Johnny: I think of it like this. No one should really be too surprised that this cd doesnít sound like our last one. I mean our last cd came out in early 2003. That was soooo long ago. Think of all the things that have happened to you in the past three years. Think of all of the music that you listened to back then. I almost guarantee youíre not rocking the same cds on a daily basis that you were rocking three years ago. And to tell you the truth we are no different from anyone else. Since then, so much has happened to us. We have all grown up a bit. Weíve lost a couple members. And our influences have expanded to include other styles of music that I feel we should represent in our own music.
AP: When writing your songs, how do you go about writing? Is it the music first? The lyrics?
Johnny: Yeah, we pretty much write an entire song musically before I start solidifying the lyrics. I have ideas that I kick around before the song is done, but I donít expand on them until I know where the music is going. I feel like it flows better when I can see the whole picture in my head before I start to put it on canvas. Also, I think itís pretty cool that we work pretty independently from each other. I mean nobody really writes another persons parts. I donít tell any of the guys what they should be playing and they donít tell me what I should be playing. We may try and lead each other so weíre all heading down the same path, but thereís no one person that writes our songs. I write the lyrics, but the songs are written by The Prize Fight. That makes it really cool for me when we record because I can listen to it and be still be surprised by what Iím hearing. I can look at the other guys and think ďdamn guys, you really play some hot shit in these songs.Ē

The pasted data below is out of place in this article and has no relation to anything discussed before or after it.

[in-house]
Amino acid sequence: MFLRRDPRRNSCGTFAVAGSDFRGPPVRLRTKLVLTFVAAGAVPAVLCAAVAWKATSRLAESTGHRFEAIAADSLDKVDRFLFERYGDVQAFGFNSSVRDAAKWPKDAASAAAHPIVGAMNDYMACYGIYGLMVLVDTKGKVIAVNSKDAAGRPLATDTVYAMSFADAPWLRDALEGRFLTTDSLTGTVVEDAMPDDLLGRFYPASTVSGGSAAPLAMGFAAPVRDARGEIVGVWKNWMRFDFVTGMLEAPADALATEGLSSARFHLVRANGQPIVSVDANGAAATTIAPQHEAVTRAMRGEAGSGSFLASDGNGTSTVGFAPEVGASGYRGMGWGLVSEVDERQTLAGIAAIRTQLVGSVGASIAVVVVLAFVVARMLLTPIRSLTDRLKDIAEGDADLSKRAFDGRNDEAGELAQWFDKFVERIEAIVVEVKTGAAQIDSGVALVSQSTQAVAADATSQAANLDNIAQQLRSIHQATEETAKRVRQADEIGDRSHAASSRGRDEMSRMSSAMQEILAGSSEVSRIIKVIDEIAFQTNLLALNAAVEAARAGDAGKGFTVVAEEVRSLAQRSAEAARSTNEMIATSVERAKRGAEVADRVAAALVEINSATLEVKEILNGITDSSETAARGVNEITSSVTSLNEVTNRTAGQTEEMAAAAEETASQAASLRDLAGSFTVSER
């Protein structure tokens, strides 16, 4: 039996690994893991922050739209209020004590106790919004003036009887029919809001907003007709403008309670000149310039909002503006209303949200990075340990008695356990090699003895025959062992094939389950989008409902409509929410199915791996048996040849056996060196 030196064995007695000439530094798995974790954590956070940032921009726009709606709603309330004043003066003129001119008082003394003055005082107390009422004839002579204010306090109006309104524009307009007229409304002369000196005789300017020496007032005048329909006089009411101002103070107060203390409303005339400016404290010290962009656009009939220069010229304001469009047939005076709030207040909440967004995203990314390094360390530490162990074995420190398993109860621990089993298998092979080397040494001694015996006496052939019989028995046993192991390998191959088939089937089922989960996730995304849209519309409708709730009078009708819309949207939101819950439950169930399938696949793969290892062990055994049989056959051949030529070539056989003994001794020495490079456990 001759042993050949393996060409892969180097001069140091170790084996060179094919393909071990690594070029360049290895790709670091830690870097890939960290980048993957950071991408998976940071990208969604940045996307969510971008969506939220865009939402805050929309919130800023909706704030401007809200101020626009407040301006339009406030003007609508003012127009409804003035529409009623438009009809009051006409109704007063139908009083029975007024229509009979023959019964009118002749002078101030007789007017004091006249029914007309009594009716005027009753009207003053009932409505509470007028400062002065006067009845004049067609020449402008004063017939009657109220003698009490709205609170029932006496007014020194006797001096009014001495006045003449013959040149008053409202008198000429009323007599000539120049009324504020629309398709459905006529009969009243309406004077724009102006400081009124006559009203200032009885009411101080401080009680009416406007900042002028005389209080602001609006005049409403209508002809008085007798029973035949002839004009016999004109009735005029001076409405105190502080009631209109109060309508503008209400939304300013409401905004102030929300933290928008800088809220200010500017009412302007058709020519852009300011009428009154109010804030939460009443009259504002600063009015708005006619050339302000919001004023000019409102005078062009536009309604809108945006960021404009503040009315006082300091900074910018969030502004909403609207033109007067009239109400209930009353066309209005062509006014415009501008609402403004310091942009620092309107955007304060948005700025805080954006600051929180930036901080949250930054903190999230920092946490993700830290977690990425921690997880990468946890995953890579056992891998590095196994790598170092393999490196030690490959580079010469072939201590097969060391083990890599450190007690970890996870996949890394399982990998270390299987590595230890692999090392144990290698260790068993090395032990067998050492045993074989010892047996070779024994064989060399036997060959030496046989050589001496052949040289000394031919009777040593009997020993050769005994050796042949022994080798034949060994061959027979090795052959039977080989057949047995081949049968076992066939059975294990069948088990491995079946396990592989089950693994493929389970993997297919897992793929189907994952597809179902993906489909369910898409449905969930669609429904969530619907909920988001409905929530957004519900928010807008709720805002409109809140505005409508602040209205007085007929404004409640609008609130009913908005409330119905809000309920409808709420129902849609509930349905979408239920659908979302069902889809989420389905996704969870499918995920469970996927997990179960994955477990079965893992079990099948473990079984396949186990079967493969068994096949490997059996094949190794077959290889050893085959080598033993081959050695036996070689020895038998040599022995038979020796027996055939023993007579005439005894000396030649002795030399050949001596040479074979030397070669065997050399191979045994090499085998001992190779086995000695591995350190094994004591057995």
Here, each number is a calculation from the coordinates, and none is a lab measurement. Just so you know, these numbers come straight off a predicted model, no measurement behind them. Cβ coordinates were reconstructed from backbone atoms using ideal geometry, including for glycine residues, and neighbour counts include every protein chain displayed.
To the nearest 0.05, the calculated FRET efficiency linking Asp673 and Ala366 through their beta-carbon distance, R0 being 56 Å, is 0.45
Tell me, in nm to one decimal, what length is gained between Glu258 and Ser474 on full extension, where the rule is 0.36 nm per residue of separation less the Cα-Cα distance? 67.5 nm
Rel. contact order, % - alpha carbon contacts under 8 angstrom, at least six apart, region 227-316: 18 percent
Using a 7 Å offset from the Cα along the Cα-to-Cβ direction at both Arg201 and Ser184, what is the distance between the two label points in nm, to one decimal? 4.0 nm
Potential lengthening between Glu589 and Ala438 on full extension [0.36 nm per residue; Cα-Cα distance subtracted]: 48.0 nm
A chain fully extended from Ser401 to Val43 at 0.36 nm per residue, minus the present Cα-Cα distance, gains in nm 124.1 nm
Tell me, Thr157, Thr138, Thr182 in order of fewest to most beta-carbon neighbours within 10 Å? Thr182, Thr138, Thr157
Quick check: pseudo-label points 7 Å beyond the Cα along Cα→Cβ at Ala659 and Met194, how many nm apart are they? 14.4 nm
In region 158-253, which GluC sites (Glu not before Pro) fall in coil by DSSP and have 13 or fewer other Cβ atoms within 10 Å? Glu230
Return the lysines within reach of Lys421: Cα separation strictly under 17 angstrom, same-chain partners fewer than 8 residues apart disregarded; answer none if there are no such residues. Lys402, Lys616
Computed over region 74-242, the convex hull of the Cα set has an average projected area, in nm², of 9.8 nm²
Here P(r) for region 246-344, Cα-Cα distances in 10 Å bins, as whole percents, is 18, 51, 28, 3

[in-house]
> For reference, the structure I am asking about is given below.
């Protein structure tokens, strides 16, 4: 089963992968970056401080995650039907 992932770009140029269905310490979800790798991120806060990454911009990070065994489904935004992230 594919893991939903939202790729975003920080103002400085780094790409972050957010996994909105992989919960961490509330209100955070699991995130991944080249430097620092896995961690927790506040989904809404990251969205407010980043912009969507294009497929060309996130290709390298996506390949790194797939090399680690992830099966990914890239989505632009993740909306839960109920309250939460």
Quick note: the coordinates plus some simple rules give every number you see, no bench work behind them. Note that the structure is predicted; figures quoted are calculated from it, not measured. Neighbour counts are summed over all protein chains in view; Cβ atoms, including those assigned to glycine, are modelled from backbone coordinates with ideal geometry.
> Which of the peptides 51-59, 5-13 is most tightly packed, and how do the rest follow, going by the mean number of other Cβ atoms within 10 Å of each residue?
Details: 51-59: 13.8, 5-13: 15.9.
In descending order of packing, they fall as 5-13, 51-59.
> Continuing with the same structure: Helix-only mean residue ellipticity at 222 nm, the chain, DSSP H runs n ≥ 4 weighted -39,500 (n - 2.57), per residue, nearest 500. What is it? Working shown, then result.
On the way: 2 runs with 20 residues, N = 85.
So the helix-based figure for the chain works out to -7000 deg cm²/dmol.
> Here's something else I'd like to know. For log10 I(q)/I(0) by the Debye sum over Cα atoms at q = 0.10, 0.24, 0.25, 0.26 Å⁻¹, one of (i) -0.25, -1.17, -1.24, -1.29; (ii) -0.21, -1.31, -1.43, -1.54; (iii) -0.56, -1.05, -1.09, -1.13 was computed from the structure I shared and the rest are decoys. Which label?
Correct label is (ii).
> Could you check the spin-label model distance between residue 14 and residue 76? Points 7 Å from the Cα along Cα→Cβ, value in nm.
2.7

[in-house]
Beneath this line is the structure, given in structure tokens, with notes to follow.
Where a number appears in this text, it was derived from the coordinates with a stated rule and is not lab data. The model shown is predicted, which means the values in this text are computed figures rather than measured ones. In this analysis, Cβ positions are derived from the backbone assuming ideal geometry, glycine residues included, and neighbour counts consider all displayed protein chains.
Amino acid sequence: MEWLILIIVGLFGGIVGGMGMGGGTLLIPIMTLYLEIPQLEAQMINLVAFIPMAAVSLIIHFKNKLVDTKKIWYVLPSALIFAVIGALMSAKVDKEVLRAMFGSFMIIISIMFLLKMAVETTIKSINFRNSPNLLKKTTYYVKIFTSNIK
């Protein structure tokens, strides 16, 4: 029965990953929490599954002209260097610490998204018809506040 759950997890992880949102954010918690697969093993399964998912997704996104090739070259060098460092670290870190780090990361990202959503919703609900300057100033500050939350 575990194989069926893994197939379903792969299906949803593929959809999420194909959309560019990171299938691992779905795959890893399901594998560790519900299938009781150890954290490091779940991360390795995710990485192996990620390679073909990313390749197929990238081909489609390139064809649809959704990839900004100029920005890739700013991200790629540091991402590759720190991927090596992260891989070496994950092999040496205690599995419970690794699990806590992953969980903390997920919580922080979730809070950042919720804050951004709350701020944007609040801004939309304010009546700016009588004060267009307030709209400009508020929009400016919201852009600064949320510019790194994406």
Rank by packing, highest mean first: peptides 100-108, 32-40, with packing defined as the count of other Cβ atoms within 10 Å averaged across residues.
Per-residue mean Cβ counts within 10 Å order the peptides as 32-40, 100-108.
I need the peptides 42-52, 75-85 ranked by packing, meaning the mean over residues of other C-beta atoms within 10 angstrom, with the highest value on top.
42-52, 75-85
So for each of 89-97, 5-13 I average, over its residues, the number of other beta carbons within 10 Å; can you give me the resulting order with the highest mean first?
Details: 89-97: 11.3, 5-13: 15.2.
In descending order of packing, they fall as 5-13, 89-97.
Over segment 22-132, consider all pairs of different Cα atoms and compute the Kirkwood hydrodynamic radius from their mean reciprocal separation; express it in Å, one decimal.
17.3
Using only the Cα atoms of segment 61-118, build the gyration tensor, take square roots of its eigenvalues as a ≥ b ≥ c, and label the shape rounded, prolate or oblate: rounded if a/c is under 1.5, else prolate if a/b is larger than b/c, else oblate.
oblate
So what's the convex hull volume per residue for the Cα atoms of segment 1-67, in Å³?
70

AP: What made you sign with TDR Records, and how has that relationship been working so far?